After my hike up the Royal Mile, and more stairs than my legs are used to, I was greeted at the door by fellow Napier student, Jules. After waiting for the arrival of the second intern — another fellow alumnus from Glasgow University — we were introduced to Luath’s director, Gavin MacDougall. Gavin gave us a synopsis of Luath’s history and development, and an overview of the publishing process. We were then issued with a checklist for a number of tasks that could arise during our time with Luath. This checklist was the foundation of my placement, and allowed me to shape my own experience, and enhance my editorial portfolio. We were then allocated a desk and provided with a guide that was created by a previous intern, which proved incredibly useful for navigating the shared drive. I was then quickly given documents for proofreading and so, in keeping with Luath’s fast paced operations, my workload began almost immediately.
From reading previous blog posts I knew I wouldn’t just be photocopying and making coffee runs but playing an active role in live projects — however, I hadn’t anticipated to what extent! At the beginning of the week Gavin issued me with a manuscript by an author due to come in for a meeting on the Friday. On previous work experience I had attended meetings, but my level of participation had never surpassed the role of whiteboard-scribe. The Friday meeting consisted of only Gavin, myself and the author. This opportunity gave me a better understanding of the texts that Luath seeks to publish, and an appreciation for their audience. It gave me the chance to offer my own thoughts on the manuscript, in terms of writing style, plot and characterisation, directly to the author.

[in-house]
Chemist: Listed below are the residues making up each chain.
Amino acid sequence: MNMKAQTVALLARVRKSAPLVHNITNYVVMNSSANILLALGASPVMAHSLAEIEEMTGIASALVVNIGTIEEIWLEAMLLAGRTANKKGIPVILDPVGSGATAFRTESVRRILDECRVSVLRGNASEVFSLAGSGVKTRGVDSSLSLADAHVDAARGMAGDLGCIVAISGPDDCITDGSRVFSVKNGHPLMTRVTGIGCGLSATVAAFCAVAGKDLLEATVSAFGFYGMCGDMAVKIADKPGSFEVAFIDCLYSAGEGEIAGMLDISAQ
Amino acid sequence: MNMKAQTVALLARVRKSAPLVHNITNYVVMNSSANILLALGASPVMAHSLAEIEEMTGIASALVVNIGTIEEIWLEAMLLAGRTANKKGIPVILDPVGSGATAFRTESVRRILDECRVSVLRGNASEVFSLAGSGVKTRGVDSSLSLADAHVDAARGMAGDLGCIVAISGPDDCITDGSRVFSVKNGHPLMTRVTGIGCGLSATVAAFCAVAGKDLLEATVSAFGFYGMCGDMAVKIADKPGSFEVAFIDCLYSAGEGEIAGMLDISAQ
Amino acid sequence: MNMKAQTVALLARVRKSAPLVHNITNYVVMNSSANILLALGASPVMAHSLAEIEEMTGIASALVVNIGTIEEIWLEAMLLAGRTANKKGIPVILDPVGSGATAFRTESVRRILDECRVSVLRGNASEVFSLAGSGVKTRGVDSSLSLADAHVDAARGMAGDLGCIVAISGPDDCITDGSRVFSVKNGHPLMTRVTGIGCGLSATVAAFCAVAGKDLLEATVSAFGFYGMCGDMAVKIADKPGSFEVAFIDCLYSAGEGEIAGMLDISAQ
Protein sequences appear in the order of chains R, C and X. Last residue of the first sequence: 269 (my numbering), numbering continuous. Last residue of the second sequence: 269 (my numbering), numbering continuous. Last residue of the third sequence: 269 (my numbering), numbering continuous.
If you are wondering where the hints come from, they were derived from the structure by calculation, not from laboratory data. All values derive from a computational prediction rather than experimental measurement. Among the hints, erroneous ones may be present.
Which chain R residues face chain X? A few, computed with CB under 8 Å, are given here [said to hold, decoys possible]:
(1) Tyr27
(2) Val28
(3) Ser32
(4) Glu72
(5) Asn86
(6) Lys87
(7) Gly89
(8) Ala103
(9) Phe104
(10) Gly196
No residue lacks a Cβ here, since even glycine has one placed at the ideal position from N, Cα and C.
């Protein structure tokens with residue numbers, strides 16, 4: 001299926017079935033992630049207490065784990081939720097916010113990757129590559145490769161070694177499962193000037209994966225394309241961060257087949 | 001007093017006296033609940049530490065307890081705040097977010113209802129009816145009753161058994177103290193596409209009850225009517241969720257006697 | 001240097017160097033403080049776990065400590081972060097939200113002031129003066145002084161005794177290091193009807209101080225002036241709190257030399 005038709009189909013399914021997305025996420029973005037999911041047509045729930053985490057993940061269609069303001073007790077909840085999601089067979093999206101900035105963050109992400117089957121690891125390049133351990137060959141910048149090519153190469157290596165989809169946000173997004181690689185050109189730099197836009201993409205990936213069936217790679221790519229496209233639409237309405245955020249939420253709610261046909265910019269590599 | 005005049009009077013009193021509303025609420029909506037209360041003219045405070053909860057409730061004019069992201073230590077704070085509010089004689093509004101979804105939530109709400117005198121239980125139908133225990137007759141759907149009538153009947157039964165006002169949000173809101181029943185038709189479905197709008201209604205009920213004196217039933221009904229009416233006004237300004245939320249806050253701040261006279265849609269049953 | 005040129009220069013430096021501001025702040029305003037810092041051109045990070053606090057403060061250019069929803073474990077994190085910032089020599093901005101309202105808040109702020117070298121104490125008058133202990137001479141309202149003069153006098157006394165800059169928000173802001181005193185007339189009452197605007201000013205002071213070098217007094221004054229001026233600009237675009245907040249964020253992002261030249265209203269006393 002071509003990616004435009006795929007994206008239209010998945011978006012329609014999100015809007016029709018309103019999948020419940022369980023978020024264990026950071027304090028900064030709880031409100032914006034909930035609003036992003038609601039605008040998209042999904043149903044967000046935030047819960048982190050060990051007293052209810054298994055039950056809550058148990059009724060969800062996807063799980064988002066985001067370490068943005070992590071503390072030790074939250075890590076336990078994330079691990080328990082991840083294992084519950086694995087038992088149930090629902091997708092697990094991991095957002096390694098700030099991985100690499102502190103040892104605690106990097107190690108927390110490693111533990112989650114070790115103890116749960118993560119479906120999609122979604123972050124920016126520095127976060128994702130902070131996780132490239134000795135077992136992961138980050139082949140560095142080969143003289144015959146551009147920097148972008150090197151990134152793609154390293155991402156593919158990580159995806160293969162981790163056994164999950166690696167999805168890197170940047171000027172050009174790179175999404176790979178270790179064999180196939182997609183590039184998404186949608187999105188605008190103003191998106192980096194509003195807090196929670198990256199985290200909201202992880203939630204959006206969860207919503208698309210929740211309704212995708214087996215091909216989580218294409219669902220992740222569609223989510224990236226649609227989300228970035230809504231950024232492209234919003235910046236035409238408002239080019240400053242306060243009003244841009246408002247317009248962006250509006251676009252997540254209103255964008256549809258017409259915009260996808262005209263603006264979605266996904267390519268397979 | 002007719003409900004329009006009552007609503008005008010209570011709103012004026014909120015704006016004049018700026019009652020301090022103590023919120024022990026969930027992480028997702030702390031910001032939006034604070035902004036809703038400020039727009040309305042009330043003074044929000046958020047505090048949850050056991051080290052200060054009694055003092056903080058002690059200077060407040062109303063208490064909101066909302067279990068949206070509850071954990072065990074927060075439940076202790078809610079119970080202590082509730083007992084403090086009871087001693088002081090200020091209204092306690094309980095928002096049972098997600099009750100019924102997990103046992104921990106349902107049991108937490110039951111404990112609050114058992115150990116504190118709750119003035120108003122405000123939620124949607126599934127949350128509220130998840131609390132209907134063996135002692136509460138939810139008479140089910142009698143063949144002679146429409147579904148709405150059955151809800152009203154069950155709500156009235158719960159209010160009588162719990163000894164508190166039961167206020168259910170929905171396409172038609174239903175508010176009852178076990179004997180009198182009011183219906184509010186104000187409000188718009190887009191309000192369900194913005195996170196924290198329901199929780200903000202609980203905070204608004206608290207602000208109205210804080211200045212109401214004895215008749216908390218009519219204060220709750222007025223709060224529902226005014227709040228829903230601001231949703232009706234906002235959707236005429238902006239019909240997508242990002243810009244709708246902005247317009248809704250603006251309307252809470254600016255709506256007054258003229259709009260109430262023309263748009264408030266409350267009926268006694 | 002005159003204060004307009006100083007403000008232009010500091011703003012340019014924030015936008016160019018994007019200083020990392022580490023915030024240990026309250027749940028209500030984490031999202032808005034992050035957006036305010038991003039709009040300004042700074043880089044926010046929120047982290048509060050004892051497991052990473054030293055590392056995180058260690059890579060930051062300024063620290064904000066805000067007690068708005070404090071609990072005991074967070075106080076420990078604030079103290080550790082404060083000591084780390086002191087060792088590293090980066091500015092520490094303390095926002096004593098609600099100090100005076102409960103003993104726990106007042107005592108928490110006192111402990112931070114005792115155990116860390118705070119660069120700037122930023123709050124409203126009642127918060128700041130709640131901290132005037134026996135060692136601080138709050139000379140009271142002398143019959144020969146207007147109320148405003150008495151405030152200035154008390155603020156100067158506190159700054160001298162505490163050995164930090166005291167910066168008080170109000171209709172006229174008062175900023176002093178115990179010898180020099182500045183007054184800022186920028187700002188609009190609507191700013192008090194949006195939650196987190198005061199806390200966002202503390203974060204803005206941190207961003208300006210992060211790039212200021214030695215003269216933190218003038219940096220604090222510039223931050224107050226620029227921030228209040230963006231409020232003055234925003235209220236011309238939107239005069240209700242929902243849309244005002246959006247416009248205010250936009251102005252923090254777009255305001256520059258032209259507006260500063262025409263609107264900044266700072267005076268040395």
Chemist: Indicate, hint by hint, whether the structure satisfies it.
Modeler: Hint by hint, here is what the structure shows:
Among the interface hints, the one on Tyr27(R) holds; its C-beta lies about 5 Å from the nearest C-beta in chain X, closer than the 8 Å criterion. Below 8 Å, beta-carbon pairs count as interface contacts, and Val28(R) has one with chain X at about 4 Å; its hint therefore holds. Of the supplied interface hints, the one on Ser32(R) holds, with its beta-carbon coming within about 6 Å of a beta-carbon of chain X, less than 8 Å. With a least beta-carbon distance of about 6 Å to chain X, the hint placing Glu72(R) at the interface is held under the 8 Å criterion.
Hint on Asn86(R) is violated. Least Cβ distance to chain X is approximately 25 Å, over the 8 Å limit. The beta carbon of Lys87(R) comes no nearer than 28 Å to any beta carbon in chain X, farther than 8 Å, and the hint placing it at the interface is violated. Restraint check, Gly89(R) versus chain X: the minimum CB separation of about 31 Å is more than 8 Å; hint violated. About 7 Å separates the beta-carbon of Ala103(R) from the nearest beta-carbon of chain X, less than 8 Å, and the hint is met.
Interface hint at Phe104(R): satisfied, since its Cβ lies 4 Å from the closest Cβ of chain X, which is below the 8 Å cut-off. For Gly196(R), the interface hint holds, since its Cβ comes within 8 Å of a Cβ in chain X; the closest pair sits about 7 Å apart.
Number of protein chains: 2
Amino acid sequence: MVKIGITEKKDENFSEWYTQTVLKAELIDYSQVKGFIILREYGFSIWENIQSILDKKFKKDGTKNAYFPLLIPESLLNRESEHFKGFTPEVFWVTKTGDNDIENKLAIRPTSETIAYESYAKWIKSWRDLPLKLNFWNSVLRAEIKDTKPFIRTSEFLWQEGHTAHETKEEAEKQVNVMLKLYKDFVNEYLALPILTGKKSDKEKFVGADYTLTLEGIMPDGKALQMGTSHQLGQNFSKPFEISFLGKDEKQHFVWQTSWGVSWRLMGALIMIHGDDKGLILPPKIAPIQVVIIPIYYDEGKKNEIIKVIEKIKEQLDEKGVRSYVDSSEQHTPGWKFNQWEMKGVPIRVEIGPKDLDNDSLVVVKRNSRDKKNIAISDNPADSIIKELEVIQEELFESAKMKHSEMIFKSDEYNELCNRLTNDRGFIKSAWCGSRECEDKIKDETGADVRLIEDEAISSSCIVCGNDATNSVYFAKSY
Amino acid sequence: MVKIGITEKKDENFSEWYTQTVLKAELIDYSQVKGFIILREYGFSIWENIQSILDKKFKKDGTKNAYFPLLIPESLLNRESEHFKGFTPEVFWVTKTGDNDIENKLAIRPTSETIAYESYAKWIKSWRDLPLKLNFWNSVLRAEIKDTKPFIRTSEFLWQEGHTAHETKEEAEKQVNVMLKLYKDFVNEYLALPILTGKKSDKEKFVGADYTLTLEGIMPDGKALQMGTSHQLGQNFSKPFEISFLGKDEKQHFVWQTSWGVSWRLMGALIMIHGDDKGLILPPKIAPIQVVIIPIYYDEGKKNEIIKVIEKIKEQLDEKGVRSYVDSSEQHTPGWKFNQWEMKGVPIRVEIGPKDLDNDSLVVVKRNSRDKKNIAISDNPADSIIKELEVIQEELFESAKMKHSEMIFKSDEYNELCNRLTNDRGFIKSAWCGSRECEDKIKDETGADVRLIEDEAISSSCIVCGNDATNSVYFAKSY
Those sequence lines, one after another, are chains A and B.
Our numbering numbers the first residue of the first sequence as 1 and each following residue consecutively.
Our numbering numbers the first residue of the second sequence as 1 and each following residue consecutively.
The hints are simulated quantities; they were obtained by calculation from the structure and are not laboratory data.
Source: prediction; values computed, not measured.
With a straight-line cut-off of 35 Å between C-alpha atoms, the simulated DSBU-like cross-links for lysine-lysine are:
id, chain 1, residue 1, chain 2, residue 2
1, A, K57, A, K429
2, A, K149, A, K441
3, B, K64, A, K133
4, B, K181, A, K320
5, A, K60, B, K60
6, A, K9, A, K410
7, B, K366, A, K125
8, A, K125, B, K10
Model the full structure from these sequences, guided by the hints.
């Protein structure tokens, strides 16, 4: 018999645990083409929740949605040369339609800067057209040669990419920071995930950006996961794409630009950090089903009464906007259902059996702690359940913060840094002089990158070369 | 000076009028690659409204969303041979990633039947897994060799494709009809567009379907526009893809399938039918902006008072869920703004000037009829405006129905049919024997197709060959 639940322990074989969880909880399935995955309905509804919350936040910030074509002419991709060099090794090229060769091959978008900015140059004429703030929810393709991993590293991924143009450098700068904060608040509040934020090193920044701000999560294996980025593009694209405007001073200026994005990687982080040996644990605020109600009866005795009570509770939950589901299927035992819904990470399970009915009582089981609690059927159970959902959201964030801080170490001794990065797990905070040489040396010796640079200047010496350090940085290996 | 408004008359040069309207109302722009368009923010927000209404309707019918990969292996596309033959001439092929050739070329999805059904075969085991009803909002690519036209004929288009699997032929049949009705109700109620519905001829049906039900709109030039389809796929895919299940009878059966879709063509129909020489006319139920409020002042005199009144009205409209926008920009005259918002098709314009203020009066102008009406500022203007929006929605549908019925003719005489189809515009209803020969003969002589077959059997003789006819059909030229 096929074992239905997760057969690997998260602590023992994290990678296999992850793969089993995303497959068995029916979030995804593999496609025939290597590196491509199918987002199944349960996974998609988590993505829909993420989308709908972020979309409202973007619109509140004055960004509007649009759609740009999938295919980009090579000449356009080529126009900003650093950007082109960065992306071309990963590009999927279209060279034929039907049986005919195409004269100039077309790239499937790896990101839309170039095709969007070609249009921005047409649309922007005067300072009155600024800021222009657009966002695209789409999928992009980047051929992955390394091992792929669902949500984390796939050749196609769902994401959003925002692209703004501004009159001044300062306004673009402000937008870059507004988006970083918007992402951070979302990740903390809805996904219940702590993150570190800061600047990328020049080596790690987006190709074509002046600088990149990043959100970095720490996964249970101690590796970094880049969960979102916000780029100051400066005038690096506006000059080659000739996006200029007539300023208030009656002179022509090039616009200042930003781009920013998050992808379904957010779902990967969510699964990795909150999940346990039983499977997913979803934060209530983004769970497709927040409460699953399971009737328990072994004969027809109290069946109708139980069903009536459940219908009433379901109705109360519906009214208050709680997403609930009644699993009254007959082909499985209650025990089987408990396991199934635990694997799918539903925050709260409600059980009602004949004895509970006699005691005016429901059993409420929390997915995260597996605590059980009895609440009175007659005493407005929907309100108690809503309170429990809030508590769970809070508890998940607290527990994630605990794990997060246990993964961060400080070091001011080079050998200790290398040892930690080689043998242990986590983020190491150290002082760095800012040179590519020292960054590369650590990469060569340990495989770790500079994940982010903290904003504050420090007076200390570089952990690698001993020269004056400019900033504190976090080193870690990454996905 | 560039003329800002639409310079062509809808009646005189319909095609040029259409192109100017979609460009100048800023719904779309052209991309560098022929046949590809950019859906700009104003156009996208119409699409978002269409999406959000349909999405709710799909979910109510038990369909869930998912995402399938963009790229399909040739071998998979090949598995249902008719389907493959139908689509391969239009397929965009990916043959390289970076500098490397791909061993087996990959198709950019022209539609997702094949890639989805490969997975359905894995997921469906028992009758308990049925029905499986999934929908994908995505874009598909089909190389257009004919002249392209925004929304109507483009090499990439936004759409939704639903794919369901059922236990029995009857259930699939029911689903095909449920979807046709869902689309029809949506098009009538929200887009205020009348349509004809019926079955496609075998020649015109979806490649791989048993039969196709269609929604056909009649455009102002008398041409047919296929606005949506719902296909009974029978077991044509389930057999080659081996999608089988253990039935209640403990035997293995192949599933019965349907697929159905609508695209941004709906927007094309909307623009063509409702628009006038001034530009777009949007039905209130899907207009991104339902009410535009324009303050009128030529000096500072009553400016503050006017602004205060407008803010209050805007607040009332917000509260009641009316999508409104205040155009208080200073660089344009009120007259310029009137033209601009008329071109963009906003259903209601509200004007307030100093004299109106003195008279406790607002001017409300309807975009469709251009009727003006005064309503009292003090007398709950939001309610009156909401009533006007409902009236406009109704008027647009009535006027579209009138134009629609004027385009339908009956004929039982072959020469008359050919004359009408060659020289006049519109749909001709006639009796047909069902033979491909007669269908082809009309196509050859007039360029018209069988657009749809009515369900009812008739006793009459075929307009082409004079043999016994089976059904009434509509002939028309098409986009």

Due to Luath’s relatively small size, I was involved with a number of departments outside of editorial. I created AI sheets, cover designs, postcards, press releases and spreadsheets. I had produced prototypes of these documents whilst at Edinburgh Napier, which gave me very useful background knowledge, but the opportunity to create these for ‘real-life’ books, gave me great practice. Given the hands-on attitude required to work at Luath, I spent a couple of days with a Luath freelancer, Jennie; working remotely in her bookshop — a quick jaunt past the Grassmarket. We worked together to organise a series of Fringe Events, contacting people of interest to talk on a number of issues. This gave me insight into the practicalities of events management, of which I had no previous experience.
My two weeks with Luath showed me first-hand the lively and dynamic operations of an indie press, which gave me the perfect opportunity to put into practice all that I had learnt at Napier. I was introduced to a range of software, skills and people I was totally unfamiliar with, which has given me great confidence for entering the publishing industry. I am incredibly grateful to the Luath team for their patience and support, and for providing me with such an incredibly learning opportunity!